That question is mired in the controversy over whether the UK will actually comply with its obligations and when.

An explainer published by DExEU after the Protocol was agreed in October stated that so long as Northern Ireland participated in the EU's customs arrangements and regulatory zone there would be "processes to ensure that goods entering Northern Ireland destined for the EU pay the right duty and that all goods comply with the appropriate rules".

The paper said the procedures would be "largely electronic in nature" and checks on goods would "principally relate to regulatory alignment rather than customs compliance". 

By way of explanation, the explainer said that the UK "currently checks only 4% of movements notified through customs declarations, with under 1% involving physical checks of the consignment".

Public messaging from Boris Johnson and the new Northern Ireland Secretary Brandon Lewis have added to the confusion

But a more graphic picture was painted by leaked Treasury and DExEU papers before Christmas.

A series of Treasury slides warned that high street goods in Northern Ireland were "likely to increase in price", that checks on goods across the Irish Sea were "likely to affect business profitability" and that retailers were "likely to be hit".

A DexEU report suggested that "delivery of the required infrastructure, associated systems, and staffing to implement the requirements of the [Irish] protocol by December 2020 represents a major strategic, political and operational challenge".

At a private meeting of the UK government’s cross-departmental Border Delivery Group on 10 February, Michael Gove, who is taking the lead in implementing the Withdrawal Agreement, told stakeholders that "unfettered access" for goods going from Northern Ireland to GB meant a "light touch" administrative process, while freight coming in the opposite direction would be subject to customs processes and duty payable on goods at risk of transiting to the South.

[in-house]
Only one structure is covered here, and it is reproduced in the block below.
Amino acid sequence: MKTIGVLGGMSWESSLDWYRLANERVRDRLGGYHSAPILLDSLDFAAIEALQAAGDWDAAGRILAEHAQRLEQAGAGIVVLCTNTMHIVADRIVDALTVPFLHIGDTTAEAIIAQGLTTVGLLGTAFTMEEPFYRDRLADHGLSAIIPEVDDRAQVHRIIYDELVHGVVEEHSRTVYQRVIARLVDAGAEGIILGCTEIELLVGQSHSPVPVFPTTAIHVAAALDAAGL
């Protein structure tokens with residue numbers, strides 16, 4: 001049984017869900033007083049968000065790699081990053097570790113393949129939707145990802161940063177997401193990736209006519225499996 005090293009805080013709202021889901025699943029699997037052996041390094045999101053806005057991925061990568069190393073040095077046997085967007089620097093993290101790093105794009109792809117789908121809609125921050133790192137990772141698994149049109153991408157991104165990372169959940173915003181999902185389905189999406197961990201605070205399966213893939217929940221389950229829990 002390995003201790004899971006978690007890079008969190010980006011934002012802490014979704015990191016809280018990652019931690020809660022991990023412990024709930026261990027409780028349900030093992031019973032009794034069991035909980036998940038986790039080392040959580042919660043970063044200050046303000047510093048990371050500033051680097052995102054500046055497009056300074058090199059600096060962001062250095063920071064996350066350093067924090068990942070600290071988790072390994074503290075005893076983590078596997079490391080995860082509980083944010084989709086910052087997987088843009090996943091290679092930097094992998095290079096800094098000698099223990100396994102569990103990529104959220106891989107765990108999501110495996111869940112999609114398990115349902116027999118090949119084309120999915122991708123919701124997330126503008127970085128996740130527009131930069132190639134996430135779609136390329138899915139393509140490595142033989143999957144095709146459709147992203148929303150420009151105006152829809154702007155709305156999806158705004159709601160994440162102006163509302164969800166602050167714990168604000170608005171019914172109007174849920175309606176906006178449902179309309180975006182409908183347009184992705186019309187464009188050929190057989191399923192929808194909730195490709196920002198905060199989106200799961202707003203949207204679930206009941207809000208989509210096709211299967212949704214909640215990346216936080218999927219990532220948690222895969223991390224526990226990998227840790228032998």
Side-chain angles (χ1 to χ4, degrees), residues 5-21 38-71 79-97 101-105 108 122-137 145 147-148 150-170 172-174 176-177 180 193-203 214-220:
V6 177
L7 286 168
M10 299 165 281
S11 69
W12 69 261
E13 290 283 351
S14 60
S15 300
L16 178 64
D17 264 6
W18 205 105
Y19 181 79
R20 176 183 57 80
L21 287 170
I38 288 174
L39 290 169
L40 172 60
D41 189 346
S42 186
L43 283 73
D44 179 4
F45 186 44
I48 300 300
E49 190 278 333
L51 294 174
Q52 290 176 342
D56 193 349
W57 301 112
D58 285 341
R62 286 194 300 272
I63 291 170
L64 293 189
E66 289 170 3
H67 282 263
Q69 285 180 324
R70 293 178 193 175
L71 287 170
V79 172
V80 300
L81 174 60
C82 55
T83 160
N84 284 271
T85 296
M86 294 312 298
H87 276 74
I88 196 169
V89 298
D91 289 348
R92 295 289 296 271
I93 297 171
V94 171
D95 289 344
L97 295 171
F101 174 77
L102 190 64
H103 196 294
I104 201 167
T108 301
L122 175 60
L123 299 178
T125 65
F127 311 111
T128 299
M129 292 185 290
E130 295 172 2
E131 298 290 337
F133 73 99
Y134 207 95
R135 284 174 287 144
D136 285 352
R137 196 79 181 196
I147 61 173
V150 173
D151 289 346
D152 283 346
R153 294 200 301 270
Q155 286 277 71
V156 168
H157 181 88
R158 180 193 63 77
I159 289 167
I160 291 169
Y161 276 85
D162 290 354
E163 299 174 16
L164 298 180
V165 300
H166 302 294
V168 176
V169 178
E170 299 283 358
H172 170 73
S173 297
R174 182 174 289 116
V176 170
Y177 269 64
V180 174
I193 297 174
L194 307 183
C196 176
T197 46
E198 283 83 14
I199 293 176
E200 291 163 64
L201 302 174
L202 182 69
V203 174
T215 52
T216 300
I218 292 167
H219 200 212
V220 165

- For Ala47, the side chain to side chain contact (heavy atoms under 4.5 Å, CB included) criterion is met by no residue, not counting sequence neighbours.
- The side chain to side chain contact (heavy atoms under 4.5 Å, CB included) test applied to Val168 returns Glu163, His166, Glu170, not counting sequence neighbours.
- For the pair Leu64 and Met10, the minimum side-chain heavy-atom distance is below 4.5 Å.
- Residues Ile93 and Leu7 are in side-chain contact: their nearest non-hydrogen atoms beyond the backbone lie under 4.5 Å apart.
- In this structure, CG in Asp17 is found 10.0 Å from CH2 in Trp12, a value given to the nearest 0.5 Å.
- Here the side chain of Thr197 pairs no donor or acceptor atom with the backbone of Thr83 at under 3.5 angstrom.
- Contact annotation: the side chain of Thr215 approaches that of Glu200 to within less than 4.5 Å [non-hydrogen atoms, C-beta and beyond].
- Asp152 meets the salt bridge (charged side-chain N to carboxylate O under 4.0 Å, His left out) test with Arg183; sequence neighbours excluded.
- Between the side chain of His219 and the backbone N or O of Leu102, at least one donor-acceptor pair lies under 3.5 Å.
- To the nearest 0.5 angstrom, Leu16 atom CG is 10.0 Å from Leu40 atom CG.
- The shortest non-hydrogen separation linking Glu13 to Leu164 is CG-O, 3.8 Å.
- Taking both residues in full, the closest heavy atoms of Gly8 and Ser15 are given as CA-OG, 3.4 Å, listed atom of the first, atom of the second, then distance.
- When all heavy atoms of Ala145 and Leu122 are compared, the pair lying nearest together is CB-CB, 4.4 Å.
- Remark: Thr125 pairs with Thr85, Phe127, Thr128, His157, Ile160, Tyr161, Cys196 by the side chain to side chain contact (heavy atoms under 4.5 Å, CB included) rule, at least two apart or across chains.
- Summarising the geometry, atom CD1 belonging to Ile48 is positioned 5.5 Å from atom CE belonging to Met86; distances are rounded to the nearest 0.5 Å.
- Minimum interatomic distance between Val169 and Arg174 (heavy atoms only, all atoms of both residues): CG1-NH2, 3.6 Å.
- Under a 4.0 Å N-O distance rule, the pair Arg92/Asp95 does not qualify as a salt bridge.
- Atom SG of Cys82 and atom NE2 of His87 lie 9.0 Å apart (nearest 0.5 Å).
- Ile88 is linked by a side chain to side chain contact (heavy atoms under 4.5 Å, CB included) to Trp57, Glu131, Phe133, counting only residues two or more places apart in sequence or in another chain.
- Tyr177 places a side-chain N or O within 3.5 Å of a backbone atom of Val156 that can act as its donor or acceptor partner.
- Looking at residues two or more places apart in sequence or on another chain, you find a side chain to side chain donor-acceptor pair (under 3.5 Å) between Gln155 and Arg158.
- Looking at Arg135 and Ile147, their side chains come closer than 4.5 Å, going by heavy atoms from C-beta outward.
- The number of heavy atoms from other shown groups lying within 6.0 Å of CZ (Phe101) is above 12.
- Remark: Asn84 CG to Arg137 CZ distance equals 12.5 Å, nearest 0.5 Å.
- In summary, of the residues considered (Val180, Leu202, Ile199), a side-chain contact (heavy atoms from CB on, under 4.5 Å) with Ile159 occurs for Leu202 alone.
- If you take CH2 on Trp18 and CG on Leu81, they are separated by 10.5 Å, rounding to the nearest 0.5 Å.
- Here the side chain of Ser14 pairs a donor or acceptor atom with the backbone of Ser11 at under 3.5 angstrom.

On Thursday in the House of Commons, Mr Gove said "this government are wholly committed to implementing the withdrawal agreement, to respecting and enacting the Northern Ireland protocol," yet minutes later told the DUP’s Jim Shannon that "there will be no border down the Irish Sea".

Northern Ireland Secretary Brandon Lewis

Mixed messages

Public messaging from Boris Johnson and the new Northern Ireland Secretary Brandon Lewis have added to the confusion. 

On Monday 17 February, UK and EU negotiators met in Brussels to discuss the modalities of the forthcoming future relationship negotiations.  

The EU team, lead by Michel Barnier's deputy Clara Martinez Alberola, asked the UK's chief negotiator David Frost what Boris Johnson and Brandon Lewis meant when they said there would be no checks on goods going between Great Britain and Northern Ireland and that there would be "no border" down the Irish Sea.

It is understood that Mr Frost repeated the mantra UK officials have been using that "we will uphold our legal obligations". The EU side was nonplussed.

Sources familiar with Number 10 thinking say that when the Protocol was negotiated in October it was done with speed, with officials keenly aware at the time that it had the potential to cause major problems down the line due to its complicated and politically hazardous requirements.

What's more, Downing Street was seeking ways to extricate itself from some of the obligations of the Protocol, and that the appointment this month of Suella Braverman, a former chair of the hardline European Research Group, as Attorney General should be seen in that light.  

Listen: Brexit Republic - Gove Unprecedented, Boris Unbelievable.

A spokesperson for the Attorney General's office declined to say whether or not Ms Braverman had been asked to give fresh legal advice to the government on the Irish Protocol.

A Downing Street source also declined to comment, but did say: "The UK signed the Protocol last month and we will comply with our obligations.

The PM has been clear that beyond the limited changes introduced by the Protocol there would be no changes to GB-NI trade and we would not ask any ports to [apply] checks [or] controls between GB and Northern Ireland."

EU diplomats are approaching the UK position on the Protocol with a sharp-edged caution

This makes it clear that both sides remain at odds over what the Protocol means. 

It is understood Downing Street believes the Protocol's promise of "unfettered access" offers significant discretion on keeping checks to a minimum, and that the Joint Committee is the forum where that discretion can be brought to bear.

Article 6 (2) does indeed say that both sides should use their "best endeavours" to facilitate the trade between Northern Ireland and other parts of the United Kingdom.

Furthermore, the Joint Committee will keep things "under constant review and shall adopt appropriate recommendations with a view to avoiding controls at the ports and airports of Northern Ireland to the extent possible".

However, such a promise is predicated on the UK agreeing to apply the EU’s customs and regulatory systems.